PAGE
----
Warning sounded over US interest rate rises

By XU WEIWEI in Hong Kong | CHINA DAILY | Updated: 2022-08-05 07:28
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Workers load a truck with sacks of fertilizer imported from India at the Port of Colombo in Sri Lanka last month. [Photo/Agencies]

Malinda Meegoda, a research associate at the Lakshman Kadirgamar Institute of International Relations and Strategic Studies, the Sri Lankan Foreign Ministry's think tank, said the nation's economic turmoil is largely the result of its foreign currency reserves drying up.

Addressing other economies that face similar risks, Meegoda said, "The immediate concern is Pakistan, while some observers have also flagged up Nepal as showing signs of distress."

He said Pakistan, like Sri Lanka, has the same structural factors in its economy, adding, "Coupled with this, the war on terror in the region has prevented much-needed foreign direct investment flowing in."

Syed Shujaat Ahmed, an economist at the Sustainable Development Policy Institute, a think tank based in Islamabad, the Pakistani capital, said the nation's economy faces high inflation and currency depreciation, with overall purchasing power declining.

He added that as the value of the US dollar rises against the Pakistani rupee, spending is increasing, but income is not doing so at the required pace.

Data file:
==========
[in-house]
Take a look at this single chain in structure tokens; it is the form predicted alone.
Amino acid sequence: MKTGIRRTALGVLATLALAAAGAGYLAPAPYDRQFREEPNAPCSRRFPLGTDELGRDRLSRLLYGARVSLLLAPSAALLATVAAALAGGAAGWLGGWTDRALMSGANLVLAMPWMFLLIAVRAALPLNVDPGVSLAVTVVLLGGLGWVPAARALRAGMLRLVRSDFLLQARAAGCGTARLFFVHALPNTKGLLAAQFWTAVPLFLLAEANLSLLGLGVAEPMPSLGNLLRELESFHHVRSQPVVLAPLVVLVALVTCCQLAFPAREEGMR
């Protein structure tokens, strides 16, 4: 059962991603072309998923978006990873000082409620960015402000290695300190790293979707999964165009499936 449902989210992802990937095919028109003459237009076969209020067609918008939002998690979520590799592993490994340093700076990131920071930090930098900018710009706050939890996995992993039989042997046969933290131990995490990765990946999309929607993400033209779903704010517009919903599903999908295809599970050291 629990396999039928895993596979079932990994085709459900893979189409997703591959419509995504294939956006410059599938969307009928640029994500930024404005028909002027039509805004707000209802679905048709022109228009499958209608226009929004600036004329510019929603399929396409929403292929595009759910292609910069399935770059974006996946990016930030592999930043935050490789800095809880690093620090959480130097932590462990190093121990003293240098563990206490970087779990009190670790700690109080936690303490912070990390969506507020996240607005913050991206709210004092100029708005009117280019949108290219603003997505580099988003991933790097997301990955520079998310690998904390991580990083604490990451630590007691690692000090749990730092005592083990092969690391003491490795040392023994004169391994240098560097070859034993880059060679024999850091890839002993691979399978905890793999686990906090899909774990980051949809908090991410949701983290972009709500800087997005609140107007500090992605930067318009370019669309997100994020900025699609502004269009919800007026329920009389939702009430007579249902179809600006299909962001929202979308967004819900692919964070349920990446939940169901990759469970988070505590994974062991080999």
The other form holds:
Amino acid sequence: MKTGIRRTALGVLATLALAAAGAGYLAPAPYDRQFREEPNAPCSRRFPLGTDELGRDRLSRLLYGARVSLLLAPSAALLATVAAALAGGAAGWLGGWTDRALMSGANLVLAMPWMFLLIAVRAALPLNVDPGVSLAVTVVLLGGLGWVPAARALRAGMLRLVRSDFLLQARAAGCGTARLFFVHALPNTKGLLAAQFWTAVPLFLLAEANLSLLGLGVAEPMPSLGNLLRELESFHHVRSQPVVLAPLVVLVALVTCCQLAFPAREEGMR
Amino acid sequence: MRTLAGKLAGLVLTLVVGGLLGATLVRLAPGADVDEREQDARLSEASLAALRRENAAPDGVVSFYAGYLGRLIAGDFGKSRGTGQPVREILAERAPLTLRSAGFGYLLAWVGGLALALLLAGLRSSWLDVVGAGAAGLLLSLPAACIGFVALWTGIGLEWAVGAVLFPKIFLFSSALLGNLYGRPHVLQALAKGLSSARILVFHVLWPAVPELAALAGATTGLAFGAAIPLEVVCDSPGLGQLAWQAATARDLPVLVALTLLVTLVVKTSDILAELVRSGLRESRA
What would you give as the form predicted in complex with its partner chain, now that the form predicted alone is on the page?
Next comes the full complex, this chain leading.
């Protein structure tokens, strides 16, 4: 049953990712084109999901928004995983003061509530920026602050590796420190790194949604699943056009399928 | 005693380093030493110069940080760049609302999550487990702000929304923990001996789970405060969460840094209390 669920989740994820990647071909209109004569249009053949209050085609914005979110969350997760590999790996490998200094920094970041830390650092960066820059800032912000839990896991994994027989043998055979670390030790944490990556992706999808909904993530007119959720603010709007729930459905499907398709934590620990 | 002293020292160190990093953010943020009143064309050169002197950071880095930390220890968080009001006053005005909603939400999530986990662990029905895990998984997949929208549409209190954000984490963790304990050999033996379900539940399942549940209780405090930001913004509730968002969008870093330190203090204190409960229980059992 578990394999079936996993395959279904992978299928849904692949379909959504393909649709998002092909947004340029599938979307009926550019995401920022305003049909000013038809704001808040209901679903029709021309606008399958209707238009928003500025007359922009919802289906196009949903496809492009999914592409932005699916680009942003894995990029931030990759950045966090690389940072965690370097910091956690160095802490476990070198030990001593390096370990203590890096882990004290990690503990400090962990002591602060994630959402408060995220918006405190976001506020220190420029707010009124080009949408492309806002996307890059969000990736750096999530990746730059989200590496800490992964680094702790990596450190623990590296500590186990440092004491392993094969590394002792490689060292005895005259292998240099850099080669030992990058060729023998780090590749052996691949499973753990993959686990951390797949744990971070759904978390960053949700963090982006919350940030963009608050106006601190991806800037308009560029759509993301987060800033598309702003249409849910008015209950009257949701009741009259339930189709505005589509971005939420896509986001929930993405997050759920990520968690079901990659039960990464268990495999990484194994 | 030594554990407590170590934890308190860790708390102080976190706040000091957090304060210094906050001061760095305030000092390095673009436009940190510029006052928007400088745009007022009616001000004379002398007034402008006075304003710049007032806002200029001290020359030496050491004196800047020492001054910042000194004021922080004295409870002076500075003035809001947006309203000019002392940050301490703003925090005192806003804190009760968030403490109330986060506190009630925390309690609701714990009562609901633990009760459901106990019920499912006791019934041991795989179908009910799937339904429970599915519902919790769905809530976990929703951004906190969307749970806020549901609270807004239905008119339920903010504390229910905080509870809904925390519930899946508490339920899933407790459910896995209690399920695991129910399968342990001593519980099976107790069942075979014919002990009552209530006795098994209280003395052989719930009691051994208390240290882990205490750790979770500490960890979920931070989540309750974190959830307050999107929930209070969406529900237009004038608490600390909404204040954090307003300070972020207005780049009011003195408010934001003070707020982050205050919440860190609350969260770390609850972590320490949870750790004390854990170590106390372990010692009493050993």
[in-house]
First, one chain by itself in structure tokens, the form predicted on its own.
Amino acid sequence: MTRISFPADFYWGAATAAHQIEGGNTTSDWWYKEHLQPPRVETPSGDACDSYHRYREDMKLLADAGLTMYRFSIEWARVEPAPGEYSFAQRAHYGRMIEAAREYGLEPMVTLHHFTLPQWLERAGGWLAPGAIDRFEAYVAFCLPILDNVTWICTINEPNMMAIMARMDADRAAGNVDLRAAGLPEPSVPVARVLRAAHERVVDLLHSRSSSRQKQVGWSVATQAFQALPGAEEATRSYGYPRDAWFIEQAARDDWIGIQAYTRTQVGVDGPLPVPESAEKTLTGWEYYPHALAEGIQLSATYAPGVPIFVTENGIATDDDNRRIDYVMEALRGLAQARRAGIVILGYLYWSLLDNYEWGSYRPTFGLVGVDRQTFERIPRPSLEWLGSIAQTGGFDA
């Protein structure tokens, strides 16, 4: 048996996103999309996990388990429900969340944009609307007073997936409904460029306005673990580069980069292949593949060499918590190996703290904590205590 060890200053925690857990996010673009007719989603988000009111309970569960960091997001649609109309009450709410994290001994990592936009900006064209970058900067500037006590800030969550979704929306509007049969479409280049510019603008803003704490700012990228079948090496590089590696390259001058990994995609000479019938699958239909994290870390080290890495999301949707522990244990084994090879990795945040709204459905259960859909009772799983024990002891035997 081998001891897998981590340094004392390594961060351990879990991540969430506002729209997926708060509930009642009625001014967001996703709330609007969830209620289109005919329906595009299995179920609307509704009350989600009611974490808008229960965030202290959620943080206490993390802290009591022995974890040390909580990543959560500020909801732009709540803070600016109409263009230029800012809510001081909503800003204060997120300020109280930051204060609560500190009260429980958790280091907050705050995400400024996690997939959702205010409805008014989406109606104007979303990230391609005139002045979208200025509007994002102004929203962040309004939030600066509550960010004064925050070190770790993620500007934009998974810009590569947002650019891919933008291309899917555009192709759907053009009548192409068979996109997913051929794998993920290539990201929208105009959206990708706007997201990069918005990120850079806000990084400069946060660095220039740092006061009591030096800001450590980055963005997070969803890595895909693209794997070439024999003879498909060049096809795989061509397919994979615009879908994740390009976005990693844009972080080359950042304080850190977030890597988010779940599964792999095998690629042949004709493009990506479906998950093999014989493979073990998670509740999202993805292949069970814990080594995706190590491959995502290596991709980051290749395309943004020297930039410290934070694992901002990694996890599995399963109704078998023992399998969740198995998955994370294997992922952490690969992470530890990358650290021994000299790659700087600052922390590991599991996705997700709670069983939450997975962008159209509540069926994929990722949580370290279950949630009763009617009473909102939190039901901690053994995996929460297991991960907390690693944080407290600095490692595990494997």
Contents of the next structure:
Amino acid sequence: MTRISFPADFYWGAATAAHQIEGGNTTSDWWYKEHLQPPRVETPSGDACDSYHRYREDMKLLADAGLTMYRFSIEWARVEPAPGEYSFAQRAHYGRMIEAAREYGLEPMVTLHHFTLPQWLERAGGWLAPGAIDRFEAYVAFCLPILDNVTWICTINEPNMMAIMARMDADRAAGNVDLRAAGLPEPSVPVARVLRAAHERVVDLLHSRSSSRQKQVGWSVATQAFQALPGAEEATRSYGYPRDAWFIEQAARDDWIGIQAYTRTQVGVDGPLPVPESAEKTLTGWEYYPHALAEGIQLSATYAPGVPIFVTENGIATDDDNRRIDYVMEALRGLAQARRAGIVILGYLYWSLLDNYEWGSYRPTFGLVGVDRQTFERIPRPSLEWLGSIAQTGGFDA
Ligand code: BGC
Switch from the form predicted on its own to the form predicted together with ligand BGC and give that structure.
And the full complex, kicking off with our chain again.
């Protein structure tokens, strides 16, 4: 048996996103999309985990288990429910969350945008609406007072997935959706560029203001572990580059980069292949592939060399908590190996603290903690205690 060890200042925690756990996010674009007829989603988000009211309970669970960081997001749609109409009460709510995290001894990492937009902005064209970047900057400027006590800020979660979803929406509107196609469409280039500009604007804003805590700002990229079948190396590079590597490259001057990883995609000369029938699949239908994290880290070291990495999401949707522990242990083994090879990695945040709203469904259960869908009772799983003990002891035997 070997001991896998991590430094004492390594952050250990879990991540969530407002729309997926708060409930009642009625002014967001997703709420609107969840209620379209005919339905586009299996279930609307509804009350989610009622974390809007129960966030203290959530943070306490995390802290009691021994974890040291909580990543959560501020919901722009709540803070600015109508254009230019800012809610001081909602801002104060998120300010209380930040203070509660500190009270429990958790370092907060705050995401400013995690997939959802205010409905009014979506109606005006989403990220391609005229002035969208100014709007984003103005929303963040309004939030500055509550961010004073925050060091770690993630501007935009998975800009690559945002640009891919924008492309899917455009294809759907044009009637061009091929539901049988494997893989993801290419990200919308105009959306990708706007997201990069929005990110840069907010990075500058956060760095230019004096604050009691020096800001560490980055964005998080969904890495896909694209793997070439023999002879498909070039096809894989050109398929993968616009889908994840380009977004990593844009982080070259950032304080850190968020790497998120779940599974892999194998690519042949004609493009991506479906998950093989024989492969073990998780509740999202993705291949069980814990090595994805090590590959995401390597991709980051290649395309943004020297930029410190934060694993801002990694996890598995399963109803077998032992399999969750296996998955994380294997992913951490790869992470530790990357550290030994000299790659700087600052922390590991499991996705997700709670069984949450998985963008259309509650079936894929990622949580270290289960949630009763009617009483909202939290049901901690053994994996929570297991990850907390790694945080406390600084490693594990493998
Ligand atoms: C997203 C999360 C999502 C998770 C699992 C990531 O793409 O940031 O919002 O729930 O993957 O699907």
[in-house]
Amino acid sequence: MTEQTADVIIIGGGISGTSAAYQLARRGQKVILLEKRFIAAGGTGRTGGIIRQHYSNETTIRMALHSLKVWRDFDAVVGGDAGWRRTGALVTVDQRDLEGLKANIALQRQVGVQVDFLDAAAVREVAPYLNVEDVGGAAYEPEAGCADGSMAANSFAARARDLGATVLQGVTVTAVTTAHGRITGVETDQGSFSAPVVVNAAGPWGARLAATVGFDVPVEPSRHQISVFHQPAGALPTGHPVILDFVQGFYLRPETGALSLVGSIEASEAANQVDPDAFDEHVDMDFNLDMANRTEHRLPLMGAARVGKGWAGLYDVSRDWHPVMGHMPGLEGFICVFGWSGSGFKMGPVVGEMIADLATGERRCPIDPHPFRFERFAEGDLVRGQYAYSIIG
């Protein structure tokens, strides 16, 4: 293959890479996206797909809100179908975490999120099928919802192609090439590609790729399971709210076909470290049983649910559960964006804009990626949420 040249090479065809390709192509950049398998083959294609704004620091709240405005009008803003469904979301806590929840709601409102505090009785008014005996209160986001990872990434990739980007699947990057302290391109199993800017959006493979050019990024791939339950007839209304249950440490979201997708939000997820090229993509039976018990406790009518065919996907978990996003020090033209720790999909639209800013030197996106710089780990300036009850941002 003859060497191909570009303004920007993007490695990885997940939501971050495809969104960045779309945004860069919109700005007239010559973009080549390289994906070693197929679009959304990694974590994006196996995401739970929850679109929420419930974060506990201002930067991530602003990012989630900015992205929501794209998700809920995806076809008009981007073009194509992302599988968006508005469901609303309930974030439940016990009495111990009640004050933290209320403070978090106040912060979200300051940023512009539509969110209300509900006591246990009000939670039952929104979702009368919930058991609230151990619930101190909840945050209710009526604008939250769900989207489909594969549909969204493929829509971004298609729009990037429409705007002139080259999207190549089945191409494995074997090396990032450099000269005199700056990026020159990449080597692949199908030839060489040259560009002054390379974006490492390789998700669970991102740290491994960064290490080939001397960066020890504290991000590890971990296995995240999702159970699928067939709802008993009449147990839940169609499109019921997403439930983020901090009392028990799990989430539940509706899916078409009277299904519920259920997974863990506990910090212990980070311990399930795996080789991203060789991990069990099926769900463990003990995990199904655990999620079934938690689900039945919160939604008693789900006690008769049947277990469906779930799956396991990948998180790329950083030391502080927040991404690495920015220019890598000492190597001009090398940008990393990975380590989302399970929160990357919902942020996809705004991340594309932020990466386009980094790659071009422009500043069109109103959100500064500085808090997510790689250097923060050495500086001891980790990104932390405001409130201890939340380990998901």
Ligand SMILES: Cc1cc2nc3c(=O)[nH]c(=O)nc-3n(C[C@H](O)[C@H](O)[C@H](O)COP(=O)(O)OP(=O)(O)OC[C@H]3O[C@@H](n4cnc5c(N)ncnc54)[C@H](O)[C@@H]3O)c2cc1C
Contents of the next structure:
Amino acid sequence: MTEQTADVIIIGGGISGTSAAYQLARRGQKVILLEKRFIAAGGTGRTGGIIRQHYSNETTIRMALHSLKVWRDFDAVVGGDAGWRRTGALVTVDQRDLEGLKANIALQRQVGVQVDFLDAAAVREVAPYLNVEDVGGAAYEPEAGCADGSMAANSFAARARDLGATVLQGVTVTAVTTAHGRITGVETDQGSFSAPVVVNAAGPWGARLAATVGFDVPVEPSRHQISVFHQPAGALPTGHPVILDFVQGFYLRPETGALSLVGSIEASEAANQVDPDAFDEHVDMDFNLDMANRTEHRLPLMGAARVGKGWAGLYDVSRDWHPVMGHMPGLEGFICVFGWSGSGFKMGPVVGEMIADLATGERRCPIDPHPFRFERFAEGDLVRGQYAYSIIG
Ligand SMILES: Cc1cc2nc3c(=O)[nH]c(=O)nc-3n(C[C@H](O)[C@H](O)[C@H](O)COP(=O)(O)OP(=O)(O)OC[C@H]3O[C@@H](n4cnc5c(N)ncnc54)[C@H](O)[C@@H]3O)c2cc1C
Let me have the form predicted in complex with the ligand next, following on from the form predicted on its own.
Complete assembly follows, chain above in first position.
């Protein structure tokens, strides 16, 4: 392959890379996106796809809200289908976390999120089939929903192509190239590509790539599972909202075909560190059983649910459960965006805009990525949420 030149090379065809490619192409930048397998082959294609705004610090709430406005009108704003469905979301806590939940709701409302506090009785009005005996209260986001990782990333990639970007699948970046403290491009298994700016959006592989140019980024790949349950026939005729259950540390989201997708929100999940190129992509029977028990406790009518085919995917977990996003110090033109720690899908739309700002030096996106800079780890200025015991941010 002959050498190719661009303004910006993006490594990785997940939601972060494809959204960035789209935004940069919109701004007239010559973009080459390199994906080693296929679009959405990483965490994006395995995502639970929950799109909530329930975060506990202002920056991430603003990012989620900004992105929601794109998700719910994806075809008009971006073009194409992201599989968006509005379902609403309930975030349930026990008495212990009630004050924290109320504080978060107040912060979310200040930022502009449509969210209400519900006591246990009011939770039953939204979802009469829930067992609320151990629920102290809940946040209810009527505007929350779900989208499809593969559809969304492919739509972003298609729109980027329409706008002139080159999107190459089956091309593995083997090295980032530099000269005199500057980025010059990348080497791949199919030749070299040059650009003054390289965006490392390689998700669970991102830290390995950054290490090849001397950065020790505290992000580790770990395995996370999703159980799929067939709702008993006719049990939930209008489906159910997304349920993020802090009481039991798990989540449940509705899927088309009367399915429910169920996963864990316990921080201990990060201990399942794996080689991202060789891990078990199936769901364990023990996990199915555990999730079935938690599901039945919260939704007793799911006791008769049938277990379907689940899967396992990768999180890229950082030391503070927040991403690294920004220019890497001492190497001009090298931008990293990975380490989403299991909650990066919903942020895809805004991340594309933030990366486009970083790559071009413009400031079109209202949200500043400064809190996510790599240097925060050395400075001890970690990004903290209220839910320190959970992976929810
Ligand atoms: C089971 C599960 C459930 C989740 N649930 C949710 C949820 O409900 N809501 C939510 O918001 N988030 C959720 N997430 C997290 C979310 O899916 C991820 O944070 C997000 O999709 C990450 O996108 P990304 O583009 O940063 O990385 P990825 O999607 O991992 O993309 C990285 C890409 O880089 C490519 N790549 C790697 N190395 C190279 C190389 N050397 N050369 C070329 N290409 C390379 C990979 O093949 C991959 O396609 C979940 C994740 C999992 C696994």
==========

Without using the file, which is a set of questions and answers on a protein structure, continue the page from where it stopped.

Pakistan's consumer price index, a main gauge of inflation, rose by nearly 25 percent year-on-year last month, when it stood at 8.4 percent, according to figures issued by the Pakistan Bureau of Statistics on Monday.

The Pakistani rupee also sank to a historic low against the US dollar last month, and since the start of this year it has lost more than 30 percent of its value against that currency, according to the Forex Association of Pakistan.

Miftah Ismail, Pakistan's finance minister, listed a number of factors, including interest rate hikes, that led to the rupee's depreciation.

However, this month the Pakistani currency appreciated as a result of the nation's improved imports bill, along with the expected release of a $1.2 billion loan tranche from the International Monetary Fund, or IMF.

Meanwhile, Bangladesh's foreign exchange reserves last month fell to below $40 billion for the first time in two years, due largely to higher import bills and a weak local currency, the taka.

Local media reports said Bangladesh has sent a formal request to the IMF for a loan to help the country combat ongoing financial volatility.

Htwe Htwe Thein, an associate professor in international business at the Faculty of Business and Law at Curtin University in Australia, said that following the recent interest rate hike in the US, the dollar is appreciating against most currencies in the Asia Pacific region.

Countries could experience difficulties with financing debt repayments, she said, adding, "In view of the increased level of loans taken up by governments during the pandemic to finance stimulus packages, it is a real worry that they could have trouble repaying these loans."

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